TOKYO — Asian shares were mostly lower Wednesday, as investors got jittery over global risks after Poland said a Russian-made missile killed two people there.
Ukrainian President Volodymr Zelenskyy decried the blast as “a very significant escalation” of the war. Details were unclear, including who fired the missile. The Polish government said it was investigating. President Joe Biden, in Indonesia for the Group of 20 summit, promised “full U.S support for and assistance with Poland’s investigation.”
Japan’s benchmark Nikkei 225
lost 0.1% in morning trading. Australia’s S&P/ASX 200
slipped 0.3% and South Korea’s Kospi
shed 0.1%. Hong Kong’s Hang Seng
fell nearly 1%, while the Shanghai Composite
slipped 0.2%. Stocks fell in Singapore
“Asian equities were defensive on Wednesday, with geopolitical tensions driving price action,” said Anderson Alves at ActivTrades.
“Traders are waiting for further developments on the geopolitical front for direction for risk assets. Any signal of escalation in the volatile situation could see a reaction across markets,” he said.
On Wall Street, stocks finished higher following more signs the nation’s punishingly high inflation may be falling off faster than expected. Stocks momentarily fell on the missile reports, but rebounded.
The S&P 500
climbed 0.9%, or 34.48 points, to 3,991.73. The Dow Jones Industrial Average
veered from a gain to a loss, before closing at 33,592.92, up 56.22 points, or 0.2%. The Nasdaq composite
led the market with a gain of 1.4%, or 162.19 points, to close at 11,358.41.
When Wall Street opened for trading, the overall mood was ebullience as stocks bounced following the latest data suggesting inflation continues to cool from its summertime peak. A meeting between the presidents of the world’s two largest economies also raised hopes for an easing of U.S.-Chinese tension after analysts called it better than expected.
The S&P 500 touched its highest level in two months, while Treasury yields eased on hopes a slowdown in inflation could mean the Federal Reserve’s bitter, economy-crunching medicine for it could taper as well.
“Inflation is still top of mind and market moving,” said Nate Thooft, senior portfolio manager at Manulife Investment Management. “Anything that potentially swings the inflation story, the market is keen to react.”
Such sharp hourly swings for stocks have almost become the norm on Wall Street this year, as high inflation and interest-rate hikes by the Federal Reserve have heightened fears and triggered knee-jerk reactions. “The market remains adrift looking for a good narrative that will stick but seemingly not finding it,” Thooft said.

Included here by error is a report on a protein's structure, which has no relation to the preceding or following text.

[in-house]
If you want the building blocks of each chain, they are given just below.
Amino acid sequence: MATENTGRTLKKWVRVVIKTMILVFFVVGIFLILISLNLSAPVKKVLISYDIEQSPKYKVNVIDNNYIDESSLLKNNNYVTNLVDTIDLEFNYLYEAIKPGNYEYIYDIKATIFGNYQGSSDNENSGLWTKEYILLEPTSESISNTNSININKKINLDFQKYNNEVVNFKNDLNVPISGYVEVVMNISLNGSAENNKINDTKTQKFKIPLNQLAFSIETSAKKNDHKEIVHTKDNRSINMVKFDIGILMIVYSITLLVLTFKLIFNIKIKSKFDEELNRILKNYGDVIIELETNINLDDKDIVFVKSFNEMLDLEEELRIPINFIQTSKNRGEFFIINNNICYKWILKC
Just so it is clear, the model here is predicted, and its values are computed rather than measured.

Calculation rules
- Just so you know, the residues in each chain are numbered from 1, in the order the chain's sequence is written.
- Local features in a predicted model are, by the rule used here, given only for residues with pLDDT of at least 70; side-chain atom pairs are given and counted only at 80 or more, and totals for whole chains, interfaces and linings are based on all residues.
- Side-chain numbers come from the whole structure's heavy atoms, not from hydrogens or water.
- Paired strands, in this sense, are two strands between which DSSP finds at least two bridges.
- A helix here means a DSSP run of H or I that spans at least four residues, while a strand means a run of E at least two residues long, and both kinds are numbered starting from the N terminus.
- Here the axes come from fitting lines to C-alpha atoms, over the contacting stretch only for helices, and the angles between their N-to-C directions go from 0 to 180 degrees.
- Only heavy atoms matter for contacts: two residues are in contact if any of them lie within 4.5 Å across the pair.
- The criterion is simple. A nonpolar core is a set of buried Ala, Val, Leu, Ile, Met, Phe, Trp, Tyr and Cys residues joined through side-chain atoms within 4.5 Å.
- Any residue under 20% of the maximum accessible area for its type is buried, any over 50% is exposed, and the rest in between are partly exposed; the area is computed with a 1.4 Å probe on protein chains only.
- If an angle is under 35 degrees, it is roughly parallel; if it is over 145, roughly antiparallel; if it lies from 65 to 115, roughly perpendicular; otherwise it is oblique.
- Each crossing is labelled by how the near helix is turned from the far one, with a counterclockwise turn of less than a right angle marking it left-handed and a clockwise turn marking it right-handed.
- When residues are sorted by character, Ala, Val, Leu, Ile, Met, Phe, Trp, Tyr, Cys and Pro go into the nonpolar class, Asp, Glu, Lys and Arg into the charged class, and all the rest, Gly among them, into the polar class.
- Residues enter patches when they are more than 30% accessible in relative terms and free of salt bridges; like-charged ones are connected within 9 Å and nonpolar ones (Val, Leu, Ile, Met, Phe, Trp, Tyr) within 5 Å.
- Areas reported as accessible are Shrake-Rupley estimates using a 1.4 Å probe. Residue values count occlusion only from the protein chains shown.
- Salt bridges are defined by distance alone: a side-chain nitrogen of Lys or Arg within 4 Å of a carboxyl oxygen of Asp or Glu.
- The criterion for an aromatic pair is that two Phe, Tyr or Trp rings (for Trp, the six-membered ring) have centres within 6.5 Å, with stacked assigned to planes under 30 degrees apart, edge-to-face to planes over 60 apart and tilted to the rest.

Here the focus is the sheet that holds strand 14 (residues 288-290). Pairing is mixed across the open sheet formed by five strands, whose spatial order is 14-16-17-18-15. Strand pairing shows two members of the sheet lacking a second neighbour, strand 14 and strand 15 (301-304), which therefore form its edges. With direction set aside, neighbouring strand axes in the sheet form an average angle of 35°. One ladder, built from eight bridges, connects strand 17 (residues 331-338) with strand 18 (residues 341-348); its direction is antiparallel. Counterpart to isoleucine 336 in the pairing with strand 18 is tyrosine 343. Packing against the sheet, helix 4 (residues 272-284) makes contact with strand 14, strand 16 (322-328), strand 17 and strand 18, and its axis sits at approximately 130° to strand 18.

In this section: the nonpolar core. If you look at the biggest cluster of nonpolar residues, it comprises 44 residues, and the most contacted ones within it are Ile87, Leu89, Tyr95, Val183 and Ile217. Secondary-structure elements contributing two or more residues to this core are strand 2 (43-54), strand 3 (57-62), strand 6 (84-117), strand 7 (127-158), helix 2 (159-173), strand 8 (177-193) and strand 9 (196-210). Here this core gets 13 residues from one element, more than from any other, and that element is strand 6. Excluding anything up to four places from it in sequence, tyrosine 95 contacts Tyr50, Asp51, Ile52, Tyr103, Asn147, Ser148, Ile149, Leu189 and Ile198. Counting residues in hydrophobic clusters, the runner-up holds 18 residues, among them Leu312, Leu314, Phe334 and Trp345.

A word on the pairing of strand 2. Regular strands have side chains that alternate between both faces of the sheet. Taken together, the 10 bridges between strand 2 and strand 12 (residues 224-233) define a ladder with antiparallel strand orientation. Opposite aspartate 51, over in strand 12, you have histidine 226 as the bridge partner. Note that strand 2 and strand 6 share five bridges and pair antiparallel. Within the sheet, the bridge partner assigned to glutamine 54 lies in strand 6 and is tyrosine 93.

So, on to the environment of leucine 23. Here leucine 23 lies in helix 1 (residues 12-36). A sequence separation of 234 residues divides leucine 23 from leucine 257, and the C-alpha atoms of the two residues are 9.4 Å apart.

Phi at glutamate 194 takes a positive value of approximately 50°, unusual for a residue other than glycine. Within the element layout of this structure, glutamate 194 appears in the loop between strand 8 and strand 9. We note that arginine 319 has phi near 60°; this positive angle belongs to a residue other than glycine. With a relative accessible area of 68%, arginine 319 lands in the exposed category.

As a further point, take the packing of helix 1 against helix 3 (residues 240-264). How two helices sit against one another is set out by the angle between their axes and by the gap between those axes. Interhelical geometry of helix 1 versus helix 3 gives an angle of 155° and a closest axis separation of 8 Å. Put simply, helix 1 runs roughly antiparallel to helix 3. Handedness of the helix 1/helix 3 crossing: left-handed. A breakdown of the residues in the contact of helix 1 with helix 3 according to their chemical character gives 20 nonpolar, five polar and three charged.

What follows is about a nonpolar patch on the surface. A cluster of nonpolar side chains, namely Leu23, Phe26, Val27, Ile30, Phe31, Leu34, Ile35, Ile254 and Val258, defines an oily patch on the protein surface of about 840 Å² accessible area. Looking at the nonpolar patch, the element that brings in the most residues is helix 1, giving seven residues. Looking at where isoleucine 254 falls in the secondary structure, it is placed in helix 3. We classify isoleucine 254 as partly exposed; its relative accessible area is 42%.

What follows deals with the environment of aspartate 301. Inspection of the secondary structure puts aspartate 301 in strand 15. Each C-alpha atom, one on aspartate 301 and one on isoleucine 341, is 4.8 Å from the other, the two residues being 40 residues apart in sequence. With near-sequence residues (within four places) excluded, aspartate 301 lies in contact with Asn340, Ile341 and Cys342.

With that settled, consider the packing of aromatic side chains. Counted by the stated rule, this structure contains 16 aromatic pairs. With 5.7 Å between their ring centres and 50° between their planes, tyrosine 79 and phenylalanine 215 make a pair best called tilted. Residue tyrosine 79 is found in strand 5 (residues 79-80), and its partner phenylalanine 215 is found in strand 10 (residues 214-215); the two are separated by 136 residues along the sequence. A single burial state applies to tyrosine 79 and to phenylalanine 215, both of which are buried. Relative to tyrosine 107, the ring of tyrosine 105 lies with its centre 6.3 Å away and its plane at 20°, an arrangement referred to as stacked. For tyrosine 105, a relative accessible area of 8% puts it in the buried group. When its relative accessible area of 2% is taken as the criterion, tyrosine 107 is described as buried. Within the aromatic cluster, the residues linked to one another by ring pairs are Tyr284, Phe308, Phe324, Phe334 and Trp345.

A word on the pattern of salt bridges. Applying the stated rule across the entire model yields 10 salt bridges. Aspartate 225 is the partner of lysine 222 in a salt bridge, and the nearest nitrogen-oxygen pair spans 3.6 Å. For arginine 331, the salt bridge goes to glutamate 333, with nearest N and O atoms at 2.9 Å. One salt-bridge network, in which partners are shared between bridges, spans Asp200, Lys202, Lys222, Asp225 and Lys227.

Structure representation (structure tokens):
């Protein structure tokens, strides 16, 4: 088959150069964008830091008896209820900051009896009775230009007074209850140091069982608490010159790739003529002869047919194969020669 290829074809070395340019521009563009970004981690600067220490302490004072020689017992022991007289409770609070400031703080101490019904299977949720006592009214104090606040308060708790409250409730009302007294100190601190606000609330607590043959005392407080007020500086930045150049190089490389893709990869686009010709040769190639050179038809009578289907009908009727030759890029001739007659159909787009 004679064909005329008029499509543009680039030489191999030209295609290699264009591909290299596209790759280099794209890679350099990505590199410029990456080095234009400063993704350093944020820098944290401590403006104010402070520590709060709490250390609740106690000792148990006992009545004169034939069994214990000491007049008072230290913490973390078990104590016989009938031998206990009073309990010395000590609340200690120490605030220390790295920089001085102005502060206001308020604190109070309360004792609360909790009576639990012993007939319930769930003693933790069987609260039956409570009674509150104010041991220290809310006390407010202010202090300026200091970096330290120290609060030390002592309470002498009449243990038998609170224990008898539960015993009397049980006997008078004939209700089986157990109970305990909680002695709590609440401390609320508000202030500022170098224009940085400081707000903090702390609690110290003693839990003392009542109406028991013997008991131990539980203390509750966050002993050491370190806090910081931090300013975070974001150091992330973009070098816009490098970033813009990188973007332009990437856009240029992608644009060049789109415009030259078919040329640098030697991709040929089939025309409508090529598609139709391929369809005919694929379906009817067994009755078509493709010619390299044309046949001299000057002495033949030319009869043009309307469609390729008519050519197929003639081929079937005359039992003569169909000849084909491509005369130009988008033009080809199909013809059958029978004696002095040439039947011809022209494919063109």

Traders have been paring their bets for how big a hike the Fed will announce at its next policy meeting in December.
The Fed has already hiked its key overnight rate up to a range of 3.75% to 4% from virtually zero earlier this year. It plans more, but the hope for markets is that improvements in inflation data could mean the Fed holds rates at a level that’s not as punishing for Wall Street.
Rate increases can cause a recession because they slow the economy, and they also drag down prices of stocks and other investments.
Bond yields, which have been hovering near multidecade highs, eased. The yield on the two-year Treasury fell to 4.34% from 4.40% late Monday. The yield on the 10-year Treasury, which influences mortgage rates, fell to 3.76% from 3.85%.
Wall Street will get a broader update on retail sales Wednesday when the government releases its report for October.
Prices for crude oil fell back after jumping the day before. A worsening war in Ukraine could cause spikes in prices for oil, gas and other commodities that the region produces.
In energy trading, benchmark U.S. crude
fell 29 cents to $86.63 a barrel. Brent crude
the international standard, fell 28 cents to $93.58 a barrel.
In currency trading, the U.S. dollar
edged up to 139.88 Japanese yen from 139.27 yen.